Cattle risk in speed corridor

Speed and recklessness aren't the only accident hazards to be wary of while driving down the 10.5km corridor between Technopolis in Sector V and Chinar Park on the edge of New Town. Beware of cattle straying onto the six-lane Major Arterial Road, where three lives were lost on Thursday afternoon.

By Snehal Sengupta
  • Published 27.10.17
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New Town: Speed and recklessness aren't the only accident hazards to be wary of while driving down the 10.5km corridor between Technopolis in Sector V and Chinar Park on the edge of New Town. Beware of cattle straying onto the six-lane Major Arterial Road, where three lives were lost on Thursday afternoon.

Six-year-old Deepshika Chakraborty, her father Pravat and his colleague Goutam were killed when a motorbike skidded off the road when the rider tried to avoid six cows that had strayed onto the carriageway near the Akankha crossing, a five-minute drive from City Centre New Town.

The danger of cattle coming in the way of traffic is something motorists are used to, especially after dusk when several stretches of the New Town expressway plunge into darkness because of shadows cast by the overhead Airport-New Garia Metro corridor and faulty street lamps in some places.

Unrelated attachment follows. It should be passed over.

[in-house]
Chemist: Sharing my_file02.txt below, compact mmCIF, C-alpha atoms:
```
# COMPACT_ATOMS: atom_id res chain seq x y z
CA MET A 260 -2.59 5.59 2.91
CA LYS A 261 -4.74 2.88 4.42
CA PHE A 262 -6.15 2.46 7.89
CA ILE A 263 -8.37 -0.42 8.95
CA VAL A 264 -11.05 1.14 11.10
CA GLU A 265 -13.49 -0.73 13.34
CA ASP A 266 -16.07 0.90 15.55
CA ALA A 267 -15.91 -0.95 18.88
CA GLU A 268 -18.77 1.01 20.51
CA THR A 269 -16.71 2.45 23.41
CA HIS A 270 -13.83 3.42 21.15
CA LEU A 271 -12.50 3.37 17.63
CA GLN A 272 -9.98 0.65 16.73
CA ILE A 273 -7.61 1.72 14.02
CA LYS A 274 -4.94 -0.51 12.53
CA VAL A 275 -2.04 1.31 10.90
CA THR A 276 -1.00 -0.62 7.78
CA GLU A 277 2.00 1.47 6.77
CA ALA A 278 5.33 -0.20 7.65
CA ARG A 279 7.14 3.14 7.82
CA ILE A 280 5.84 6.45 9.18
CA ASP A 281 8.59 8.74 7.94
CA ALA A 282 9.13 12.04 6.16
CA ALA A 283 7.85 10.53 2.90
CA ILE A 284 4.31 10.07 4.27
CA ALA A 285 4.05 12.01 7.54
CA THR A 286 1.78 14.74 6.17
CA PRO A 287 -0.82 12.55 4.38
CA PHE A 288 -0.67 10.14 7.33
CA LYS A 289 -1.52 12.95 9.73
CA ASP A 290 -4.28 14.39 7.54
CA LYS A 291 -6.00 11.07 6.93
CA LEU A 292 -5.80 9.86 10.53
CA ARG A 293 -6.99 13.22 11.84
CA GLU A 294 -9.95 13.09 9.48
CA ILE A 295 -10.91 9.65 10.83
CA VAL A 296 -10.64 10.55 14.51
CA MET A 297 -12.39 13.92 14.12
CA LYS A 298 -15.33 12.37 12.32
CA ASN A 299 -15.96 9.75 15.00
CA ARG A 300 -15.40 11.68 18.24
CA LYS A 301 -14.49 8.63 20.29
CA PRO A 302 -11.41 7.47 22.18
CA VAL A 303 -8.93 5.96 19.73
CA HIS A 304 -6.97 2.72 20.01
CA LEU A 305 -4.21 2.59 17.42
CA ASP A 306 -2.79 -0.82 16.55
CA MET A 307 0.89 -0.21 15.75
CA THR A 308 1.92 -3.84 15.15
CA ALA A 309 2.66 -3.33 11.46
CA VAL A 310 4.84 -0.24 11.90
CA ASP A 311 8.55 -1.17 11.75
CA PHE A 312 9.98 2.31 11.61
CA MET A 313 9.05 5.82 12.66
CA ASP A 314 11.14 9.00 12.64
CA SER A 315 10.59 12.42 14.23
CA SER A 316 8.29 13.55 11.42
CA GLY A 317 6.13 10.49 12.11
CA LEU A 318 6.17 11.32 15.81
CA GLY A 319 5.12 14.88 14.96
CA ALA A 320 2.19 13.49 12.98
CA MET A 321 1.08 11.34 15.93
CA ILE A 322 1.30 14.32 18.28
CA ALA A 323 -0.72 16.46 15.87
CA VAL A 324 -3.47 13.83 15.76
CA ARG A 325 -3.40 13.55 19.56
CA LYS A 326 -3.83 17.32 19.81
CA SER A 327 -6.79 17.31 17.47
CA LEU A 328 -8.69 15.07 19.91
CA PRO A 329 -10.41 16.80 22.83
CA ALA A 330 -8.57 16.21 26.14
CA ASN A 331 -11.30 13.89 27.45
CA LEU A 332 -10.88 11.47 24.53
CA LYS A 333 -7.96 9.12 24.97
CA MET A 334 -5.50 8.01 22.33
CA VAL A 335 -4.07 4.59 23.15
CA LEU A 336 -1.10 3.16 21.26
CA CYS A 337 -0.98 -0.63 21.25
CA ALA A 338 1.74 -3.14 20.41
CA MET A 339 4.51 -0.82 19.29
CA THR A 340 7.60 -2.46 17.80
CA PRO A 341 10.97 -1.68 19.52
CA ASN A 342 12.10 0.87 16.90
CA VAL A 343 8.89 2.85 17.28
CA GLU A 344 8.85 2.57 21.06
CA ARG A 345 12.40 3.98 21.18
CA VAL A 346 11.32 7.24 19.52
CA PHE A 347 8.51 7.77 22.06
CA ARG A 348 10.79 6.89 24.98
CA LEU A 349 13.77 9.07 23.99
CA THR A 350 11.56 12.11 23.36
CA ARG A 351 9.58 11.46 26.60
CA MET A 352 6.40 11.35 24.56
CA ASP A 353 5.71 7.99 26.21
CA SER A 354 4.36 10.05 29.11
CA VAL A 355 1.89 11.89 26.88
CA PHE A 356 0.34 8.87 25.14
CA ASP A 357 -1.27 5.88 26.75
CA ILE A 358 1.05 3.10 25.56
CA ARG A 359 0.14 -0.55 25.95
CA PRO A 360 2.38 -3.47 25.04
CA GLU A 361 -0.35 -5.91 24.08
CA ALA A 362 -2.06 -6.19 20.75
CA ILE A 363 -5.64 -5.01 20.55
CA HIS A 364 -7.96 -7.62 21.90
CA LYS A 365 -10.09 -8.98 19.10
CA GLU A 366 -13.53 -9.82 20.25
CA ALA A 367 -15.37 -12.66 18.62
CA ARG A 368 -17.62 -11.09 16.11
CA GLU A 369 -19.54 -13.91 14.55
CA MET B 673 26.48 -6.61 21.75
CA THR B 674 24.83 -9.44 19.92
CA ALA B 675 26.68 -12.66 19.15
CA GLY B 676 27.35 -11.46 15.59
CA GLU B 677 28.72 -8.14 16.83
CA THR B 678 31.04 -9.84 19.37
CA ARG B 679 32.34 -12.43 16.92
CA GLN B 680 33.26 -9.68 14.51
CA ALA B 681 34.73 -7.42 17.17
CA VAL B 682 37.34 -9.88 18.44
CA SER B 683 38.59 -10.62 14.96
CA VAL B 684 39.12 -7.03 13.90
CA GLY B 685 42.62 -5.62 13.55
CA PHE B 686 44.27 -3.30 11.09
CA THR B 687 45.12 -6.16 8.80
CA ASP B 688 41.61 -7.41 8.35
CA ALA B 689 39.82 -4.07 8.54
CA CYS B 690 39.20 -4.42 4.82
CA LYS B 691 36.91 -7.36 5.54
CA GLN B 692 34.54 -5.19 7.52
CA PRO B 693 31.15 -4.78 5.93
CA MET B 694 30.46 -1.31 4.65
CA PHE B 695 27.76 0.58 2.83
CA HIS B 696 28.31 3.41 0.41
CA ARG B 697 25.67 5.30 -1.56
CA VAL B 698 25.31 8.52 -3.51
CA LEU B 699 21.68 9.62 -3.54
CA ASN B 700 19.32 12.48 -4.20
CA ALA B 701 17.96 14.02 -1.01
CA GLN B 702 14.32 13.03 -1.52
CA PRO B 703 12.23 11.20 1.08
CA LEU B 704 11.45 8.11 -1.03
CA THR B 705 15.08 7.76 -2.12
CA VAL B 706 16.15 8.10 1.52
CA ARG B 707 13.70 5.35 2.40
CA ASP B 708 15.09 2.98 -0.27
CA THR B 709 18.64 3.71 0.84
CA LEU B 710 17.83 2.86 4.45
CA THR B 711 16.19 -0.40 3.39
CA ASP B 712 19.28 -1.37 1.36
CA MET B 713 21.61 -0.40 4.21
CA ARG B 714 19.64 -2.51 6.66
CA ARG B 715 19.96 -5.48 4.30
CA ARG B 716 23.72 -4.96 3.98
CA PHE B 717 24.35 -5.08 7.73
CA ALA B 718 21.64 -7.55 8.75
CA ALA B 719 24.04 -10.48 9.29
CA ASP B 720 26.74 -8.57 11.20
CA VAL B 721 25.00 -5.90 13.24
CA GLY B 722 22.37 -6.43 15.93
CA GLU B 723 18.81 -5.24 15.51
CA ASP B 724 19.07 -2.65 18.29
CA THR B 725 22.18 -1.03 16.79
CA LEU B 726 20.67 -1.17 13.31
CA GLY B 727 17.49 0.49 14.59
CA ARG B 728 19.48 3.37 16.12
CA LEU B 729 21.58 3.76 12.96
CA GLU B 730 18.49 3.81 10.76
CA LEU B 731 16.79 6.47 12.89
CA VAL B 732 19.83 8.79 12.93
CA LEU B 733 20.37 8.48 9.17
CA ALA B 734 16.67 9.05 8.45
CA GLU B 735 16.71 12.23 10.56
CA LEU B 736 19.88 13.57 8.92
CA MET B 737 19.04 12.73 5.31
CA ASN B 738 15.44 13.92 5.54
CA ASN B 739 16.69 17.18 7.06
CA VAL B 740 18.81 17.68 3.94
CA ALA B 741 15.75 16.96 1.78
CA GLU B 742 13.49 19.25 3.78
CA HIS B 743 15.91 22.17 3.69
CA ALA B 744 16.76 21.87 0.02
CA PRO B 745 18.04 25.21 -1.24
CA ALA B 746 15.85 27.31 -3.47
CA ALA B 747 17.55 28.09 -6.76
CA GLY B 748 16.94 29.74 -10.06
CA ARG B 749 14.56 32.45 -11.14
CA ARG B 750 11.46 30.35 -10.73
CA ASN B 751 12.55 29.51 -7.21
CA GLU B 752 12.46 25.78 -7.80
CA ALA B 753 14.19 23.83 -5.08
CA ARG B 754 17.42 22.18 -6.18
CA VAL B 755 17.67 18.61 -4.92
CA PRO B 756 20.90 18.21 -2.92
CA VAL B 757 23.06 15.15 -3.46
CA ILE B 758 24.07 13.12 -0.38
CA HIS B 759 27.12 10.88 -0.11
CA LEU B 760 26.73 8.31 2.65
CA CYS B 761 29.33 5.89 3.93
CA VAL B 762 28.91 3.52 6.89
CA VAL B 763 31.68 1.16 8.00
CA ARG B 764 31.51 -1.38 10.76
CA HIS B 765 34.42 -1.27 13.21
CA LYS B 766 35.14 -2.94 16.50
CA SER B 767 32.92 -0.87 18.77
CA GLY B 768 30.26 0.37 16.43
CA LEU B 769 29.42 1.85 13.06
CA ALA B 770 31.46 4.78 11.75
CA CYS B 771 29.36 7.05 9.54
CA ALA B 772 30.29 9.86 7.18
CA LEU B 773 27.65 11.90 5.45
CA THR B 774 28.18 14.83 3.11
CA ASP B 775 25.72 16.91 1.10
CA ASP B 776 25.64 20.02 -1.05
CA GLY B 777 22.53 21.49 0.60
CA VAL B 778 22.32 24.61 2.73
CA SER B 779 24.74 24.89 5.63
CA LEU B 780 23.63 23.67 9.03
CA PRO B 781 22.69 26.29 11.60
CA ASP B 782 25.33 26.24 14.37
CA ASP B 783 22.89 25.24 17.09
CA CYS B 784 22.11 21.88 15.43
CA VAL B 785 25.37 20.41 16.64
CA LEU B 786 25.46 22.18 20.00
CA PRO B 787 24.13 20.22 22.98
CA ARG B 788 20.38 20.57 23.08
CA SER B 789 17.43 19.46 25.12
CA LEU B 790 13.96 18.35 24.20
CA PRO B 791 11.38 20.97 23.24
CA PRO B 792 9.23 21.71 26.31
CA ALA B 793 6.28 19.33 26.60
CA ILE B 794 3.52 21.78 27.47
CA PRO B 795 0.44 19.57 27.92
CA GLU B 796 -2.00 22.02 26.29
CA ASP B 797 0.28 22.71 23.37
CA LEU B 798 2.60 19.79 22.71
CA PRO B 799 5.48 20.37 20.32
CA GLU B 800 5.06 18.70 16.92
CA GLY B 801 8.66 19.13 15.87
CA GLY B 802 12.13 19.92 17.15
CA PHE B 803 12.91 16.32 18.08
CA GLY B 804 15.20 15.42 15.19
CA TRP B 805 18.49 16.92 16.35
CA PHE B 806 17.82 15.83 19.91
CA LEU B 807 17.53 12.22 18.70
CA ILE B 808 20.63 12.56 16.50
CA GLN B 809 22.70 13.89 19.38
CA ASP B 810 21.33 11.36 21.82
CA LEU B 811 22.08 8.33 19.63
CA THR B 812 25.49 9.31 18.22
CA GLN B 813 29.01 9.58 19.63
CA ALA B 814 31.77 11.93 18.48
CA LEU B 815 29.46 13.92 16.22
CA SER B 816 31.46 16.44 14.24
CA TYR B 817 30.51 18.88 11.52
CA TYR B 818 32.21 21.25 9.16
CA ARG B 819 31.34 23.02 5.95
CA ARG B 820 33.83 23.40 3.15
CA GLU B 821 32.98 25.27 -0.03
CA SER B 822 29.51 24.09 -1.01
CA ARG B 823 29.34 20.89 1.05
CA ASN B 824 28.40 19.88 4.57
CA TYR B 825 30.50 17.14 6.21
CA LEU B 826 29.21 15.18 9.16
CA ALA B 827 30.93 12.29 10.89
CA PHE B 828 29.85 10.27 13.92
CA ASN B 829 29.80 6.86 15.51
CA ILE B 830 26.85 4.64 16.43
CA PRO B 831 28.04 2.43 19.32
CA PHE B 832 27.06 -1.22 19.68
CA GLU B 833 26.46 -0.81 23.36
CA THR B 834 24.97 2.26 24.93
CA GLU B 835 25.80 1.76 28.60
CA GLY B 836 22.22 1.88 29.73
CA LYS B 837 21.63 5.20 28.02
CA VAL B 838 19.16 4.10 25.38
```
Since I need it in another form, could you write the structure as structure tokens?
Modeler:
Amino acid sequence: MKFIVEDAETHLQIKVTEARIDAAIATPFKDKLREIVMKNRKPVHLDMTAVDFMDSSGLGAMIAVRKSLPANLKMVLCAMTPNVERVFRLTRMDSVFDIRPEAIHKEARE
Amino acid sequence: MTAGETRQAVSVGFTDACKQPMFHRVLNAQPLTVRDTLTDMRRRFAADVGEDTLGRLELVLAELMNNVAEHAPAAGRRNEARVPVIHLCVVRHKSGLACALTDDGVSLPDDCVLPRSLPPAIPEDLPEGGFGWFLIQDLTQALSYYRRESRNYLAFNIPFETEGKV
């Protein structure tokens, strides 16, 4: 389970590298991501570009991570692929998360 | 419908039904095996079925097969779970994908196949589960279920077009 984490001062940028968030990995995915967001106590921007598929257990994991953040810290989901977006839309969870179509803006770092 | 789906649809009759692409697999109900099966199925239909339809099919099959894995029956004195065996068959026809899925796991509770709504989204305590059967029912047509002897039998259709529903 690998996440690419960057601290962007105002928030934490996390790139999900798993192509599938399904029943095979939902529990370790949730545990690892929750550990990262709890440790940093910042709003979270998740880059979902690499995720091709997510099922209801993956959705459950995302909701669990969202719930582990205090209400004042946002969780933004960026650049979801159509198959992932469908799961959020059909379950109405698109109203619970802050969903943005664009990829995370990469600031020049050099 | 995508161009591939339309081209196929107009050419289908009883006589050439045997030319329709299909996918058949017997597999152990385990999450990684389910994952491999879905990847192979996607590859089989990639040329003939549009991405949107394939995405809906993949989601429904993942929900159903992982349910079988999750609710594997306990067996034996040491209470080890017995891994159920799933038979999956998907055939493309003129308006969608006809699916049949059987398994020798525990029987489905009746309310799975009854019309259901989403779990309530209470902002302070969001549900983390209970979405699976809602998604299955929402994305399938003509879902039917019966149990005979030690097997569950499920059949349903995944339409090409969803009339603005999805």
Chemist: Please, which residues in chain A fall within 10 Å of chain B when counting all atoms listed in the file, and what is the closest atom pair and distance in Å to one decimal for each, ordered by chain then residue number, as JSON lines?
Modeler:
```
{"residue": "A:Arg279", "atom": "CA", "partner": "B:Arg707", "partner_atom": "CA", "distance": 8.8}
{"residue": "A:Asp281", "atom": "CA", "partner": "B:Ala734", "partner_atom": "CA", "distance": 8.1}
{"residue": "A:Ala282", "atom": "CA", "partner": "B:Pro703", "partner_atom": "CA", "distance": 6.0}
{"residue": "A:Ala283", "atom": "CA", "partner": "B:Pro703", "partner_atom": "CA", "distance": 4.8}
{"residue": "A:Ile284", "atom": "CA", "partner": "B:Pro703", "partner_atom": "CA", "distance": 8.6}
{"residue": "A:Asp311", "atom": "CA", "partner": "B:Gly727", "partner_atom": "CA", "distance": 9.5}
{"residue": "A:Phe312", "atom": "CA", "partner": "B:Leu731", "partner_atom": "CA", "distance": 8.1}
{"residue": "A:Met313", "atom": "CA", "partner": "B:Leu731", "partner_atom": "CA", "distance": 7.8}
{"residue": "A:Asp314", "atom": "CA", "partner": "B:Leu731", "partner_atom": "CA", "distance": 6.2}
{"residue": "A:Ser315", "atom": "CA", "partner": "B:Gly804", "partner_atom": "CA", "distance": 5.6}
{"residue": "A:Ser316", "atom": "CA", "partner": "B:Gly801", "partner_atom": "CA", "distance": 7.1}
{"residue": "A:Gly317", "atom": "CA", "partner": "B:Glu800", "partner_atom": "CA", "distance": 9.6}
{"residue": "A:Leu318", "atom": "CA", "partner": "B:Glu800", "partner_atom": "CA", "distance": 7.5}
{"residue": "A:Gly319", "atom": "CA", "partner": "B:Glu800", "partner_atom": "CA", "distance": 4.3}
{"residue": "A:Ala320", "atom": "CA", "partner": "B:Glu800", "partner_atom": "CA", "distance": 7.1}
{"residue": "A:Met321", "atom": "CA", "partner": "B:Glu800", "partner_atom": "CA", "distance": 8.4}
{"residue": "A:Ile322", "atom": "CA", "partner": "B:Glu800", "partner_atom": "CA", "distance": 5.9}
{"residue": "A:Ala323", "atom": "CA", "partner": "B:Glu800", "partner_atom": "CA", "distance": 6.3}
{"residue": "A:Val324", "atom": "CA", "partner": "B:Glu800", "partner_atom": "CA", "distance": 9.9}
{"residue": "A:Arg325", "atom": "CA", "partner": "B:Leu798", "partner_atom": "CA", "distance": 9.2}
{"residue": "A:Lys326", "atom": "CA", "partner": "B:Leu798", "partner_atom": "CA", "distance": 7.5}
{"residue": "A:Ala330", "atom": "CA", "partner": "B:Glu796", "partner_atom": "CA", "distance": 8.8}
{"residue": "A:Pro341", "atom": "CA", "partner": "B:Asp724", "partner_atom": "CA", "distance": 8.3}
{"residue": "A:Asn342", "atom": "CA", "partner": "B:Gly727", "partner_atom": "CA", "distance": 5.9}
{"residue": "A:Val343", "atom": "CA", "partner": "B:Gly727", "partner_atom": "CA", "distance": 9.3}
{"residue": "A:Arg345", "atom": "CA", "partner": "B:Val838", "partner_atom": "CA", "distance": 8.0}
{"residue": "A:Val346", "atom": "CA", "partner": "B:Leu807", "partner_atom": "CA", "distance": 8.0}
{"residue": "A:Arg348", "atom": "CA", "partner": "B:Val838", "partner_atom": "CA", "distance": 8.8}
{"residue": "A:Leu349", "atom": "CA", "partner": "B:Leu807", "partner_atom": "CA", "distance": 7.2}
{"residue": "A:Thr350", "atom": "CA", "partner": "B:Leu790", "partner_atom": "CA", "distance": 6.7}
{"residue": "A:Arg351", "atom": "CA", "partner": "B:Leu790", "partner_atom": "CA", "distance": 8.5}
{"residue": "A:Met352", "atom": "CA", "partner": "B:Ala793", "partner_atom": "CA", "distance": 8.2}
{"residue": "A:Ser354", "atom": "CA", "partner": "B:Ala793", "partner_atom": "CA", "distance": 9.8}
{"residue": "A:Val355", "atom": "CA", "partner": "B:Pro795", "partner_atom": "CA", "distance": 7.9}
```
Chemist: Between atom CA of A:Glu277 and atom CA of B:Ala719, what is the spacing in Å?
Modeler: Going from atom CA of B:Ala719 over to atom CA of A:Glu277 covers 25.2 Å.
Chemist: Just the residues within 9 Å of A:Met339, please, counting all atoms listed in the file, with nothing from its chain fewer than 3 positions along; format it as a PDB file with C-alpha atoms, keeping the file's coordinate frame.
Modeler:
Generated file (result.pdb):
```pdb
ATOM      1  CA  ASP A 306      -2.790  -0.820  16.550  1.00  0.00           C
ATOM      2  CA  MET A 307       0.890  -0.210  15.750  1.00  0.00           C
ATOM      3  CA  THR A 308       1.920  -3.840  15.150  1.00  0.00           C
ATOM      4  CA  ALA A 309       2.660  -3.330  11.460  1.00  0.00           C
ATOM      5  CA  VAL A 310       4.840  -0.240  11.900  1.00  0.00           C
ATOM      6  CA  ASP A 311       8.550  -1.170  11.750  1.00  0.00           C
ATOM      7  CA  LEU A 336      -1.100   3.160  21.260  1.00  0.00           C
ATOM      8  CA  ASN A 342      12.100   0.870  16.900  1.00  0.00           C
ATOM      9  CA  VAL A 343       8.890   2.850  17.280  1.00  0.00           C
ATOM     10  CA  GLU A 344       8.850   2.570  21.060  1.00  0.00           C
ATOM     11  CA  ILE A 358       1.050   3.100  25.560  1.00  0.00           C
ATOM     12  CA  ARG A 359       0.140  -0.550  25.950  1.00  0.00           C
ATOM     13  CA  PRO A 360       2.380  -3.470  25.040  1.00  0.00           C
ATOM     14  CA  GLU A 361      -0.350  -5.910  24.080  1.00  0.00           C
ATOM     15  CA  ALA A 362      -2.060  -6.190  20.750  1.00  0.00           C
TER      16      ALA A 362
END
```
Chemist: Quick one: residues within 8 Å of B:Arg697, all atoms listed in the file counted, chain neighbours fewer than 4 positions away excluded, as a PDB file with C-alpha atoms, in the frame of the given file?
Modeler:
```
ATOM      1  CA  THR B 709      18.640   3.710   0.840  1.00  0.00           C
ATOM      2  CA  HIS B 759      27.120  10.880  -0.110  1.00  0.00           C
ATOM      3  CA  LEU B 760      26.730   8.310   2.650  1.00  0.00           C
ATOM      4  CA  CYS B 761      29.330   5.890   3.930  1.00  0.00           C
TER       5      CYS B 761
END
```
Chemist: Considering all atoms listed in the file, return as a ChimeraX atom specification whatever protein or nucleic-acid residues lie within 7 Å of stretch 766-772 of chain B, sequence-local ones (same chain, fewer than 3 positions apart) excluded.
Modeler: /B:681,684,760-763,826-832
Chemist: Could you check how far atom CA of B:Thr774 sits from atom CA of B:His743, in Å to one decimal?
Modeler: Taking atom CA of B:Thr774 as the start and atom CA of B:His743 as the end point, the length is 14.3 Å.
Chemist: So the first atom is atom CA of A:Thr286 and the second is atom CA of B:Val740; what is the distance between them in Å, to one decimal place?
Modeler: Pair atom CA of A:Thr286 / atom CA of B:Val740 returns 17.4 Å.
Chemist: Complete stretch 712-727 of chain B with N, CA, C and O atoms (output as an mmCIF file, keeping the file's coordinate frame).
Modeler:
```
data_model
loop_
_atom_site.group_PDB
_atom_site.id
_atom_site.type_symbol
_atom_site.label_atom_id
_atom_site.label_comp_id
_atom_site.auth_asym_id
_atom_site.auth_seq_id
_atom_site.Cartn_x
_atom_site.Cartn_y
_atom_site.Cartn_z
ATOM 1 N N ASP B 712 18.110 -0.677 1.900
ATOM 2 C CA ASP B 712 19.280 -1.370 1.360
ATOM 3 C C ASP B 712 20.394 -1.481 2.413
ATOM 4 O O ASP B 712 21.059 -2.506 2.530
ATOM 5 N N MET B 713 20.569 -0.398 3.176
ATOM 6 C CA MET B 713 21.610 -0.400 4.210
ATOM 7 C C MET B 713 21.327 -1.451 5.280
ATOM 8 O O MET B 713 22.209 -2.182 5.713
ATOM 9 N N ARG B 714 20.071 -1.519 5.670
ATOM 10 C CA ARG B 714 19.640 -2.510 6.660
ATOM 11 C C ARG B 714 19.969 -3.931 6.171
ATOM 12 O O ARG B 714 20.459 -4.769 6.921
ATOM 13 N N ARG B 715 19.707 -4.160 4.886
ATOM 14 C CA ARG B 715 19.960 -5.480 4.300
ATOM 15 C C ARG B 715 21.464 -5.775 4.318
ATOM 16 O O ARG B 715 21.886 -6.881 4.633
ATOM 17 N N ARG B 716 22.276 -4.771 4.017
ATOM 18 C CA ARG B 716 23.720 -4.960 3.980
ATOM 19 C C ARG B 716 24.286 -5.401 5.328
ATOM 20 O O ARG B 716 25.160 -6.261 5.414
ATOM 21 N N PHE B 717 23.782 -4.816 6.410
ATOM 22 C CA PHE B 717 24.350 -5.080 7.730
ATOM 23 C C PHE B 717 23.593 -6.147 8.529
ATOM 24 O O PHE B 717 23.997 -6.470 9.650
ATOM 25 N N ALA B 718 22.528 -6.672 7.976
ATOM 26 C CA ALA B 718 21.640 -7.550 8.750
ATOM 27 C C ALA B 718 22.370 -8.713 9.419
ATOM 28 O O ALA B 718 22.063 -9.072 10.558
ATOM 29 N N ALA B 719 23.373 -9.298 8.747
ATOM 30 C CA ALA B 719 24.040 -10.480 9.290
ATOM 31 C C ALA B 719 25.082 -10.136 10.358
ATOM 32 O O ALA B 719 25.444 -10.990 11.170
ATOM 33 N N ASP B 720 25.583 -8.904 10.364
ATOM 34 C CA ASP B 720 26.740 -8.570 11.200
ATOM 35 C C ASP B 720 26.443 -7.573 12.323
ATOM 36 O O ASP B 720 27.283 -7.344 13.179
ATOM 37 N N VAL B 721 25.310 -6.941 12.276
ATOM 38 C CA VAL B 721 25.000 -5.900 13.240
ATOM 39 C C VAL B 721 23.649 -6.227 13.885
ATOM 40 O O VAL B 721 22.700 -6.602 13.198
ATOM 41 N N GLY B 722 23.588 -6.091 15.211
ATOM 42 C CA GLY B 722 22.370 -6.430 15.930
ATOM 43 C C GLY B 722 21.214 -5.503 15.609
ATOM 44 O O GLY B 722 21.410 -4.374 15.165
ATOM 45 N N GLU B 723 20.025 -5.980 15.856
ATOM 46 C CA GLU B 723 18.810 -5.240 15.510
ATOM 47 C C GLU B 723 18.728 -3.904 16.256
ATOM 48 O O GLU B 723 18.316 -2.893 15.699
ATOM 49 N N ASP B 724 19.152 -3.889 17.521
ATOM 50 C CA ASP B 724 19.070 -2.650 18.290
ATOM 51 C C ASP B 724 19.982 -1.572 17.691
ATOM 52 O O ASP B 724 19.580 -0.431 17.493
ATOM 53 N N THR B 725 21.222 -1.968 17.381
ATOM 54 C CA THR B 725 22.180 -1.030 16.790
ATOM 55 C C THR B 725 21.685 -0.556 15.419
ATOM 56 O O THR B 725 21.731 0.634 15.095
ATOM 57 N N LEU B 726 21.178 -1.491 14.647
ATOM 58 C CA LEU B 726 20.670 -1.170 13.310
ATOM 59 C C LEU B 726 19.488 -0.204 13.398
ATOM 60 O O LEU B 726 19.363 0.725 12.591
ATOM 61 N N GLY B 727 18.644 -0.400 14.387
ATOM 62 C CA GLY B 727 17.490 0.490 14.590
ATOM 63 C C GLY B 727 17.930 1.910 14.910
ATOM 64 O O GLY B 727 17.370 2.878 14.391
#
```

Rajdeep Ray, whose home is in Action Area I of New Town, should know. He has had several near-misses with cattle since moving into the township. "I have to suddenly brake almost every other day to let cattle pass. If they are not crossing the road, they are on it," he said.

Subho Biswas, who lives near Rabindra Tirtha, said the threat from cattleto cars had increased with New Town becoming busier. "There are patches of shrub and fields along the main road. The authorities should fence them so that cattle cannot cross over and hit the thoroughfare."

Cows and goats grazing in the fields separating clusters of highrises is a common sight in New Town.

The police estimate that more than 100 cows and goats get injured or are run over every year by vehicles passing through New Town. "We can do little about it. Unlike cars, violating rules, cows cannot be fined, after all. And where do we find the owners? A possible solution is to fence both sides of the road to prevent cattle incursions," said an officer in the Bidhannagar police commissionerate.